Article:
Drawing on the reproduced photograph at hand, contemporary beholders can imaginatively recreate the scene of the image’s making. By means of its material marks and references to objects the photograph enables beholders to go back to the past circumstances and the past effectiveness of the movements in the real space of the performance event[3]. The photograph generates an unchanging, momentary depiction of relationships that were not yet set at the moment of taking the photograph in the performance situation. The photograph fixes one particular moment out of the once present and mutable arrangement of bodies and materials, which was in an ongoing transformation for the duration of five days. The title of Brisley’s performance work points out these complementary aesthetic practices, which move forward by foregrounding either a series of breaks or sheer duration: Moments of Decision/Indecision.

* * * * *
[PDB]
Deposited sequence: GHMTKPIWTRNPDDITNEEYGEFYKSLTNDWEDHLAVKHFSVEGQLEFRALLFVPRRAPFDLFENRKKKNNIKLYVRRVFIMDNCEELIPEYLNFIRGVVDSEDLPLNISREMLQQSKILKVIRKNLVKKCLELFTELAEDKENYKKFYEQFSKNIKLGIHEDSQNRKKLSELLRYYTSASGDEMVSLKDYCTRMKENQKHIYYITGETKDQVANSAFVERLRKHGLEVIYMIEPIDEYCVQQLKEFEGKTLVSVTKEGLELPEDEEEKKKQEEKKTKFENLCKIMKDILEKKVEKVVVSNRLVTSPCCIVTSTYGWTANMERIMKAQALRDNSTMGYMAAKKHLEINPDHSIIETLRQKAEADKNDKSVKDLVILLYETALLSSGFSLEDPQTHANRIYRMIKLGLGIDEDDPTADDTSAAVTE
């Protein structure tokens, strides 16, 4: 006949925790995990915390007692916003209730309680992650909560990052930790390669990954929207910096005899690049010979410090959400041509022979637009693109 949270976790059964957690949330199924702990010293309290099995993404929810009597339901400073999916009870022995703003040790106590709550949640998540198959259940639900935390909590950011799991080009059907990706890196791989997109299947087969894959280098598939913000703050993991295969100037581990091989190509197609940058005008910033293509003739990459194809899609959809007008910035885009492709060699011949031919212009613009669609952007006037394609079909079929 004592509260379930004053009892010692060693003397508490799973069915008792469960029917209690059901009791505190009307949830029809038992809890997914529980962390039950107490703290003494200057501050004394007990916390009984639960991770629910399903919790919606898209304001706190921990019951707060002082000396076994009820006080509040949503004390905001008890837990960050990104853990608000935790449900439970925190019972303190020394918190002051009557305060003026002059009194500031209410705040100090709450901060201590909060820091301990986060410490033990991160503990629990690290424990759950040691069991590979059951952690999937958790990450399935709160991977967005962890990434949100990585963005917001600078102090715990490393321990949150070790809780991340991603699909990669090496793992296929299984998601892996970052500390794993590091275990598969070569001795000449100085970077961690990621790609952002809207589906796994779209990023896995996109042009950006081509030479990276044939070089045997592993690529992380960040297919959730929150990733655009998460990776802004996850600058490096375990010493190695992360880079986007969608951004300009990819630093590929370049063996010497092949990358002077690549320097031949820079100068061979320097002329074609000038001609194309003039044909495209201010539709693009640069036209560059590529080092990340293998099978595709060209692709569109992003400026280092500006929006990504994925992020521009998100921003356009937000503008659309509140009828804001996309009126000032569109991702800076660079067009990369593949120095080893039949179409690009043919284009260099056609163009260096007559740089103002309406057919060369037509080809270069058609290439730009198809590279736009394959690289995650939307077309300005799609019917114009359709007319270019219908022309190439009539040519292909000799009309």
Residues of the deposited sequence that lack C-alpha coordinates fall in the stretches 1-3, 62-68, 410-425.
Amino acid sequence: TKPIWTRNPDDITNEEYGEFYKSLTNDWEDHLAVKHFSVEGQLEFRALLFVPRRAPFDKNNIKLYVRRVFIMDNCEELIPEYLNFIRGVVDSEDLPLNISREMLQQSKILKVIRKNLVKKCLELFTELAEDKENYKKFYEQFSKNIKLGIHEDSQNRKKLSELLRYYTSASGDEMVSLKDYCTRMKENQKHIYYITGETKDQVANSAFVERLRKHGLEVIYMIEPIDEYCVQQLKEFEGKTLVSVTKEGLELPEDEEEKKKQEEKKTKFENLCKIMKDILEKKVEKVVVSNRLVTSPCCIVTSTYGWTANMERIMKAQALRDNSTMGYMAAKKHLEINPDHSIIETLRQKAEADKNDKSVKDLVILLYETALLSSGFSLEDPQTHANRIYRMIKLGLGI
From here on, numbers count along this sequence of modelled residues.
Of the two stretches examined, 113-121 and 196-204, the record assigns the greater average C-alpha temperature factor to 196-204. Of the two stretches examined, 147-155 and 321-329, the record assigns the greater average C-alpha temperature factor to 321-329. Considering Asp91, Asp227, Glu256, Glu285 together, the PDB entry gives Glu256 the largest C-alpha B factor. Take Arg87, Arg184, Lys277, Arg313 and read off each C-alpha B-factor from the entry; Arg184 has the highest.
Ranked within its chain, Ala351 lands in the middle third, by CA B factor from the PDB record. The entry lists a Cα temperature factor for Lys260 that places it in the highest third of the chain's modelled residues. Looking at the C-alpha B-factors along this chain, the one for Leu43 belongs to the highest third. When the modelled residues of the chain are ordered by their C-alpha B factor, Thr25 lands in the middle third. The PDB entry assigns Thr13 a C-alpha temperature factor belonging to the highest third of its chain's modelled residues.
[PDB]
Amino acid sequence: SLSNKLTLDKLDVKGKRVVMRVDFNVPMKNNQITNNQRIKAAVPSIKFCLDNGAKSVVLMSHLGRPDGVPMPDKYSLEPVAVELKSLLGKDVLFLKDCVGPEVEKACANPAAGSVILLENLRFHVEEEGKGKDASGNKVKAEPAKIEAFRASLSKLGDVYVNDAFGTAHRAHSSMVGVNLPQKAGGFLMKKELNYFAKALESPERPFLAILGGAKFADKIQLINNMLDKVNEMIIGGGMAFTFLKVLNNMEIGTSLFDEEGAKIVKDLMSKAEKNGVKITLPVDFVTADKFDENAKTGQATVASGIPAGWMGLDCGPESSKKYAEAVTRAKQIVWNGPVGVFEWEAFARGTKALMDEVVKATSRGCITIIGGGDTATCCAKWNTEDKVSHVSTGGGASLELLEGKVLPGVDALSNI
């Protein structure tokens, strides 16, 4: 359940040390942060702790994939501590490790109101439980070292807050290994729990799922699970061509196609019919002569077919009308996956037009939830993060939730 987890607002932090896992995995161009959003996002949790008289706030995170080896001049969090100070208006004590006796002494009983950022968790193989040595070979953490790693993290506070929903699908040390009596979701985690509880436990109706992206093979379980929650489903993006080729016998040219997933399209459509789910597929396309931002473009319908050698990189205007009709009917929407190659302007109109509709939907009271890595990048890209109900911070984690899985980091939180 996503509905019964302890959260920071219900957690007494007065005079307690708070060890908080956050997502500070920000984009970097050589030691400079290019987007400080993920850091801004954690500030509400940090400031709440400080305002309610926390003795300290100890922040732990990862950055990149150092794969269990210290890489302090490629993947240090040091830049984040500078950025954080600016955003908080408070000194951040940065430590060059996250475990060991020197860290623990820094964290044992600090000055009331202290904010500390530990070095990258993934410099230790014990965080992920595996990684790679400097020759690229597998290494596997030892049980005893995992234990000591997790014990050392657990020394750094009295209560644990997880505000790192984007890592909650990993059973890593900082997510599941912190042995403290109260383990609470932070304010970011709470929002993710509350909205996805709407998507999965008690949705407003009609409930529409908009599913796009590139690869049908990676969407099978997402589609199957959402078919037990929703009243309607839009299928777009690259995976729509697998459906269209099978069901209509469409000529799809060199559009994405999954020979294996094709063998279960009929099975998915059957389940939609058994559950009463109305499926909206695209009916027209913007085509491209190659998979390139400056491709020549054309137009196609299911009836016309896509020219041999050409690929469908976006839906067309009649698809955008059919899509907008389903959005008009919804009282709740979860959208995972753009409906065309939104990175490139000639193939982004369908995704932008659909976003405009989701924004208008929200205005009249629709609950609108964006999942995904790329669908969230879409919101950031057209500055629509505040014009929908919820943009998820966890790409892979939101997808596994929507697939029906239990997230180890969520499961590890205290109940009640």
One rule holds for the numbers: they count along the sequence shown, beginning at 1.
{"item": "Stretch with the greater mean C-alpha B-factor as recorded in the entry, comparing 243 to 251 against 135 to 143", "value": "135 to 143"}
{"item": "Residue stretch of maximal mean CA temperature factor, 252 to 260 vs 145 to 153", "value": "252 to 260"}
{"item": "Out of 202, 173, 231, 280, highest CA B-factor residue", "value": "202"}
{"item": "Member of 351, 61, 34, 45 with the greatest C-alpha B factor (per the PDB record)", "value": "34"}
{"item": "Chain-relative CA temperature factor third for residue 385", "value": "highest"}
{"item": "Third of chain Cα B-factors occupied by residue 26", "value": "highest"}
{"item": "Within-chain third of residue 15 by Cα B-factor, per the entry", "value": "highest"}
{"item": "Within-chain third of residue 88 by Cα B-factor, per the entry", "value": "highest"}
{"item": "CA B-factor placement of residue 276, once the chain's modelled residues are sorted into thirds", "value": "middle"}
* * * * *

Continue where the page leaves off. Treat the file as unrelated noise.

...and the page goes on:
The photograph shows the configuration — the juxtaposition and concurrence — of two time-bound creative practices, which are specific in the ways in which they reorganize time. On the one hand, there is the duration of the real, physical execution in the “here and now” of the performance. On the other, there is the brief moment of photography’s discrete intervention. As practices, which shape forms, performance and photography set up particular arrangements of movement, standstill, and change. In general, performance as an art form is characterized as a space- and time-bound, limited, linear sequence, which evolves, consumes time, and comes to an end in the presence of an audience. By contrast, photography manufactures a simultaneous view of particular objects on a flat surface. Due to the photo-chemical process — that is, the sequential order of taking the photograph, developing the negative film, exposure and fixing the picture on the image carrier — photography’s representation is always displaced in space and delayed in time in relation to the represented objects. Beholders encounter a photograph as a belated, transported, and traveling picture, which is multiplied, brought into circulation, and dispersed. A photograph enables beholders to decide on the duration of their act of taking in the picture and allows repeated viewings.